The sleeve fits BabyMac perfectly, and goes into the vertical bag with enough room to spare for peripherals you might want to take along (I can easily put in a bluetooth mouse, the power cord, a power cord extension, and the ethernet adapter — I like to be ready for anything). I test-drove the bag over the weekend and was delighted.

I can also put BabyMac in the sleeve and stow that in my knitting bag, should I so desire, and he’ll be snug and well-protected from bumps, scratches, and yarn fuzz.

So if you are in the market for a case for your notebook computer, do take a look at Waterfield. Apart from being very well-designed to fit their function, the cases are beautifully made and lovely to look at.

(Must resist buying 2 or 17 more bags . . . )

Speaking of lovely to look at . . .


My new little MacBook Air is called “Baby MacDougal,” or “BabyMac” for short.

My iMac is called MacDougal, so it does make sense, sort of.

I don’t think the MacBook Air is a great desktop replacement, but that’s not what I bought it for. Its mission in life is to go with me to remote locations, and it works just fine for that. I bought the basic model, but all I really plan to use if for is internet and email, so it’s more than sufficient for that.

When I wasn’t playing with BabyMac, I did knit on Lismore.

I’ve run into a couple of knots in the yarn that messed up the color sequence, so in both cases I’ve broken the yarn and reconnected it in the proper place in the sequence.

Here’s an armhole steek.

Kristin asked:

When you’re ready to do the sleeves, are you going to attempt to keep the color progressions symmetrical on both sides by trying to start the yarns in the same spot in the color progressions? Or are you just going to knit it up however it comes off the ball and see what happens?

I think I will try to make the color progressions match, but I don’t know if I’ll be able to, rather, that I have enough yarn to be able to. We’ll see. If I can’t, I’m not going to sweat it to much.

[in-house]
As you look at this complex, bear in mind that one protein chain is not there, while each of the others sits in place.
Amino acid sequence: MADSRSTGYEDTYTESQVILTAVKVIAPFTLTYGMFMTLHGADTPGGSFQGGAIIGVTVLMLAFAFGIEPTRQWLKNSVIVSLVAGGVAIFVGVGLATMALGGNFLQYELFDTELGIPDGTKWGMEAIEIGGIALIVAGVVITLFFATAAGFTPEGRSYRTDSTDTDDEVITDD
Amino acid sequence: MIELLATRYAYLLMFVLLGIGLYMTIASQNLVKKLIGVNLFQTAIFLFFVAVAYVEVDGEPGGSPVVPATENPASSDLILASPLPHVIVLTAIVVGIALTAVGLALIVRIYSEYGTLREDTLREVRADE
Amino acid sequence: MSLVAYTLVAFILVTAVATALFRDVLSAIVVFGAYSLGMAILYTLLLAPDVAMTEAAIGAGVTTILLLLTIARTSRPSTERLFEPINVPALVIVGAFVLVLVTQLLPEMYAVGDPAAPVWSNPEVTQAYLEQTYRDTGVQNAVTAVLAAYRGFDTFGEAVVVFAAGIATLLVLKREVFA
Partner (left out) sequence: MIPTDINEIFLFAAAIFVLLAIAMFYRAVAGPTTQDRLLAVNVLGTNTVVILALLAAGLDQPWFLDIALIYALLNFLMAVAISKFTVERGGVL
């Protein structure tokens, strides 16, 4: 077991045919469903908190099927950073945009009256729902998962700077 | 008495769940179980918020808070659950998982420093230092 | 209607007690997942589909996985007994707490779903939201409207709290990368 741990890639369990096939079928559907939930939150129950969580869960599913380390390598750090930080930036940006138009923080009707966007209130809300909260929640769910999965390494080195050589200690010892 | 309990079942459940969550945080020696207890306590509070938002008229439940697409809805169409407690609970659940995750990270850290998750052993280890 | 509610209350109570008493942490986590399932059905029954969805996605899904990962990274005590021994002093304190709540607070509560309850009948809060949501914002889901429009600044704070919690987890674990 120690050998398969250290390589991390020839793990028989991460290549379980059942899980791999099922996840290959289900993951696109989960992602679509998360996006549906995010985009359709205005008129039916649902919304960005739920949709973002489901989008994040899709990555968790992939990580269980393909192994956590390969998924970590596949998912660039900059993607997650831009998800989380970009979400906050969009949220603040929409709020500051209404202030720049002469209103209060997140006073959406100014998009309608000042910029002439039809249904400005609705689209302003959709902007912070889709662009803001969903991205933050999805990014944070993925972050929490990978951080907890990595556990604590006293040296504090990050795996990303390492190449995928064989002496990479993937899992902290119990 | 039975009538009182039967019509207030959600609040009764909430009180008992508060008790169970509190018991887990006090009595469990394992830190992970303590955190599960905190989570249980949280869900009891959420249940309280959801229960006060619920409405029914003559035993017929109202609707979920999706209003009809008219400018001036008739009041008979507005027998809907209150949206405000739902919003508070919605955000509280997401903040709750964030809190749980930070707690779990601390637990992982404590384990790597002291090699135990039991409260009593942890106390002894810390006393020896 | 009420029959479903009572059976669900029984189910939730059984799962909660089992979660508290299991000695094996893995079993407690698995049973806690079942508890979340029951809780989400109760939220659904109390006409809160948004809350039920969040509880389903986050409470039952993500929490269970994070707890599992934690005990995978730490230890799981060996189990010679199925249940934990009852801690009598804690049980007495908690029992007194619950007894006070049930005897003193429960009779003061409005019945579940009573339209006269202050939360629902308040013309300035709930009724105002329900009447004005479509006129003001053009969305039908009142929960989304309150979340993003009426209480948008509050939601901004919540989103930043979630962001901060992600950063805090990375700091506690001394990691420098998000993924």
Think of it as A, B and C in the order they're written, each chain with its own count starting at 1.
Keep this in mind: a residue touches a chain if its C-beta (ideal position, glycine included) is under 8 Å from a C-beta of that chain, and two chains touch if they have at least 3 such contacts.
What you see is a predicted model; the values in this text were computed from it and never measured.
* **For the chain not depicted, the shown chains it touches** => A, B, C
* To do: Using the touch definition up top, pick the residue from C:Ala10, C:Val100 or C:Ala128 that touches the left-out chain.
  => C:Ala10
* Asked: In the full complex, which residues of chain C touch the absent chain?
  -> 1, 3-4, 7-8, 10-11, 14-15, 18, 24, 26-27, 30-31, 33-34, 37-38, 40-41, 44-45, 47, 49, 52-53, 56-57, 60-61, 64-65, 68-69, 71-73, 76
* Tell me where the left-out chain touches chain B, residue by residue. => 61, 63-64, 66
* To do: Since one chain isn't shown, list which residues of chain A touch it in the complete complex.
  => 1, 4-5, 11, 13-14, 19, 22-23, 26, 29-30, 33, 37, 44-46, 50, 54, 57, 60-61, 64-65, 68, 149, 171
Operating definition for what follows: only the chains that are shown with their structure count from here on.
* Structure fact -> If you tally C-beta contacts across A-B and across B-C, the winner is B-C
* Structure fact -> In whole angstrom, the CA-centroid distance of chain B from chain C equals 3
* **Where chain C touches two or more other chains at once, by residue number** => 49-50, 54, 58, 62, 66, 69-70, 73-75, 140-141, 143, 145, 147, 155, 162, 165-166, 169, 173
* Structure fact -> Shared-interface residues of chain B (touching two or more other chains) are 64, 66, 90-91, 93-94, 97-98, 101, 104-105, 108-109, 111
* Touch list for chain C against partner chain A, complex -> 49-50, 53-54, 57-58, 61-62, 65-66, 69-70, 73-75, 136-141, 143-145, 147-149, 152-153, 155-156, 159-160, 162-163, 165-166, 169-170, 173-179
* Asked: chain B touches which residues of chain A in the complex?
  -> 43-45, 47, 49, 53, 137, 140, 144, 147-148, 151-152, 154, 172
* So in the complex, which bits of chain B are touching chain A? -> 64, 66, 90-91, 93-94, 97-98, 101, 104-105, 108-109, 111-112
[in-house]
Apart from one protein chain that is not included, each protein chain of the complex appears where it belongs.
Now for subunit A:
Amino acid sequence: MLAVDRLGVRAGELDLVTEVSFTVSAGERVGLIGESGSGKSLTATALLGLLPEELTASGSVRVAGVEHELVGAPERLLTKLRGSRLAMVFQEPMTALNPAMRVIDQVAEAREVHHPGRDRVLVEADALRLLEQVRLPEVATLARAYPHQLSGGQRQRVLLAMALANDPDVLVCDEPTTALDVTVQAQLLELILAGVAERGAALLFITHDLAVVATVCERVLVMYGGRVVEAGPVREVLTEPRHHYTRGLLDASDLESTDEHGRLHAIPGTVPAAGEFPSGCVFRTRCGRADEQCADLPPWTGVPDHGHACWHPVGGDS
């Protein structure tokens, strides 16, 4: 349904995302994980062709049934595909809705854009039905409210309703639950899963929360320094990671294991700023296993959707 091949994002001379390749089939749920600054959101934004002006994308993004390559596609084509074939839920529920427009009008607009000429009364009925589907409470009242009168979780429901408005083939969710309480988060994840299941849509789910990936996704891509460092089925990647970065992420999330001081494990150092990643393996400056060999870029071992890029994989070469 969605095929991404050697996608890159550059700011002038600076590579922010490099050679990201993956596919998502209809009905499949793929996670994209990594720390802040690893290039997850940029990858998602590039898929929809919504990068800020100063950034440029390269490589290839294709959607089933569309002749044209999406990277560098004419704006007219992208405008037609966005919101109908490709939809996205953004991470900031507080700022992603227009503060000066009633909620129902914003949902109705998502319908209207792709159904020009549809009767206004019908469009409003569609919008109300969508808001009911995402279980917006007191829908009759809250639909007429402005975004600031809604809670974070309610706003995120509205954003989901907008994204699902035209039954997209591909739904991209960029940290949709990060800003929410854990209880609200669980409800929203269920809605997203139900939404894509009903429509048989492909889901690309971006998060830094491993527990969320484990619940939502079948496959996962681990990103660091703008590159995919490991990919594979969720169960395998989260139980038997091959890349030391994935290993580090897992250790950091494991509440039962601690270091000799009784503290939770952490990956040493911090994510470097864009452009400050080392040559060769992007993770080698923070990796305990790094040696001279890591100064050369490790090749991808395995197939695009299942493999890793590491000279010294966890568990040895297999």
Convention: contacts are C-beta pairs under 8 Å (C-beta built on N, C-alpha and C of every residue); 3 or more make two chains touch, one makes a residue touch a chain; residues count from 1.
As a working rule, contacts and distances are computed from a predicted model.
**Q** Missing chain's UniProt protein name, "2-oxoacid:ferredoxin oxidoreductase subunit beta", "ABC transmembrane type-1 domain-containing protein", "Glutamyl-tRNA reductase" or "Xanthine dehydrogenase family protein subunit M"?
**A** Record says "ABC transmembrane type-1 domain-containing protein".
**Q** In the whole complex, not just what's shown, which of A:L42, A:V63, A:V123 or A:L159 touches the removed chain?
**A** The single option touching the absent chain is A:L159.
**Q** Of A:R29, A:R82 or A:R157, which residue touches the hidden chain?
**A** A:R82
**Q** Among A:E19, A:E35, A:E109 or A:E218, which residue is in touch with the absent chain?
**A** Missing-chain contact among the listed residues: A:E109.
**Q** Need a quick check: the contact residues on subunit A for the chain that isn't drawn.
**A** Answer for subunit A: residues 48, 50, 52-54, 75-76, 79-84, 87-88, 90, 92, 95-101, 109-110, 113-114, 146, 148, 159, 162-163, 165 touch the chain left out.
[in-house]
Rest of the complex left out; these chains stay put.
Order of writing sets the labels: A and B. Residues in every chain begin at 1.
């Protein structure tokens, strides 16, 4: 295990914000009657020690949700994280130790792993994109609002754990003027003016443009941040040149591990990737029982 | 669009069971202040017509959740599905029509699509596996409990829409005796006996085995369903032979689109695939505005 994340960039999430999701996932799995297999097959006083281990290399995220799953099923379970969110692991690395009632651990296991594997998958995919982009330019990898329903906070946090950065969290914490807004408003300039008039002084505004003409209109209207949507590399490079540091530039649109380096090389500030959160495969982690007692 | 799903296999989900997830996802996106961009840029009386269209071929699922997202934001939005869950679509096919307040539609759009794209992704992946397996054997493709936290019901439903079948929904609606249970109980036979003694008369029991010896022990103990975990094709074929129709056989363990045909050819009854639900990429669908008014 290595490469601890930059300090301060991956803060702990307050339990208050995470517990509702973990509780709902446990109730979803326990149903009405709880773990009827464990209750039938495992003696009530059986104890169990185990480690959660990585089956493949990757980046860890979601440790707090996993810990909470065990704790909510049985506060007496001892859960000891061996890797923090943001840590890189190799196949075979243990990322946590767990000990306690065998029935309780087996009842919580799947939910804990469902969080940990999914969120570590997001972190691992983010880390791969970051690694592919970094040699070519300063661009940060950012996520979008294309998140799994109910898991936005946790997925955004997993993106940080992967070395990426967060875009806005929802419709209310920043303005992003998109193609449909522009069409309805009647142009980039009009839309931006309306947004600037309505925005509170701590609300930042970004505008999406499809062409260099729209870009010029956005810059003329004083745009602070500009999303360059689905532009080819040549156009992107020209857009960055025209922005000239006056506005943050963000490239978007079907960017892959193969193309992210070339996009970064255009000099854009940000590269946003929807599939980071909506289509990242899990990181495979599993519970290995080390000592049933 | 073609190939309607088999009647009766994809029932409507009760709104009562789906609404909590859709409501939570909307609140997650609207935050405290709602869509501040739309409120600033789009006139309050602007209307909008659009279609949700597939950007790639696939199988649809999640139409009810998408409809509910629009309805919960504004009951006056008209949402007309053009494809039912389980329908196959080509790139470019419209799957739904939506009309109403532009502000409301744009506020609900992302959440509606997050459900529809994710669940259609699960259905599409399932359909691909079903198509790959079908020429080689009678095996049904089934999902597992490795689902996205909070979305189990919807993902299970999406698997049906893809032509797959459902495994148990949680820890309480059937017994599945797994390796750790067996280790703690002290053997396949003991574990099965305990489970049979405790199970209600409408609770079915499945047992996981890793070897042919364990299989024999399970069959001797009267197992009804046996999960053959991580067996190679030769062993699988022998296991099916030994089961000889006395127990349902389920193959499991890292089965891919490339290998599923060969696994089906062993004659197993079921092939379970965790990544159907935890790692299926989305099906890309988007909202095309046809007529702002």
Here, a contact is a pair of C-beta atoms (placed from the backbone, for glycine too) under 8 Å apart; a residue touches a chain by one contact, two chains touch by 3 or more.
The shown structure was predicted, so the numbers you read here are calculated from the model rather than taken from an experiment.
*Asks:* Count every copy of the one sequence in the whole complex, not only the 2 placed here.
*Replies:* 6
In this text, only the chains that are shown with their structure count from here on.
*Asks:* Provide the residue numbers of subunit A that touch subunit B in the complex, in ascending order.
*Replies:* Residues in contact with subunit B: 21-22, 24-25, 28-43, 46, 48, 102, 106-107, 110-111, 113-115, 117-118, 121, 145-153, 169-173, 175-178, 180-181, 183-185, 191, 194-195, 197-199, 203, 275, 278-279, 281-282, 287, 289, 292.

Knitters for Knockers

One of L-B’s knitting buddies in Richmond. Lou, is participating in a team fundraising for the Komen Race for the Cure.

Their team name is Knitters for Knockers, and up until race day, May 10, they’re trying to raise at least $5,000. As our thank you to those who donate, for every $5 a person gives, they’ll enter their name in a prize drawing (e.g. $25 gets your name entered 5 times). Check out their website for details.

Menawhile, back at home, Lucy spent an exhausting weekend lying on her Daddy.

Why I Made Little Knitting Progress Yesterday

There is a new baby in the house. Behold:

MacBook Air

My new MacBook Air. Isn’t that the cutest baby you’ve seen in a long time?

Because I spent a lot of my knitting time last night playing with the new baby, Lismore got short shrift.


(Several of you in the comments yesterday confirmed that there are some copies of The Celtic Collection that have the photos of Lismore and Alba switched. I had a vague memory of hearing about that years ago, so thank you for the confirmation.)

Frncie commented:

I am wondering whether the quantity of yarn used for the background is roughly equivalent to the quantity used for the foreground. In other words, does the color progression for the background go faster or slower than the foreground? If so, will you correct for this if, for example, you should ever find that your foreground and background colors have converged and suddenly it is all green? (I think I know the answer!)

Yeah, that crossed my mind, too. The background seems to take more yarn, and there are three rounds in each pattern repeat that are background color only. However: when the colors reverse themselves in the progression so that what was the background sequence is now the foreground sequence, I’m hoping that it will even itself out. Does that make sense? It does in my head, but that usually doesn’t mean it will to others.

Of course there are some unknowns. Are the lengths of each color in the sequence identical? Are there any knots or splices in the yarn that would screw up the sequence? That’s part of the excitement!

So far, I haven’t diddled the colors at all. But if things look like they are going to go out of whack, I will.

I’m finding this knit so entertaining that I’m actually disappointed when I get to the boring but faster plain color rounds.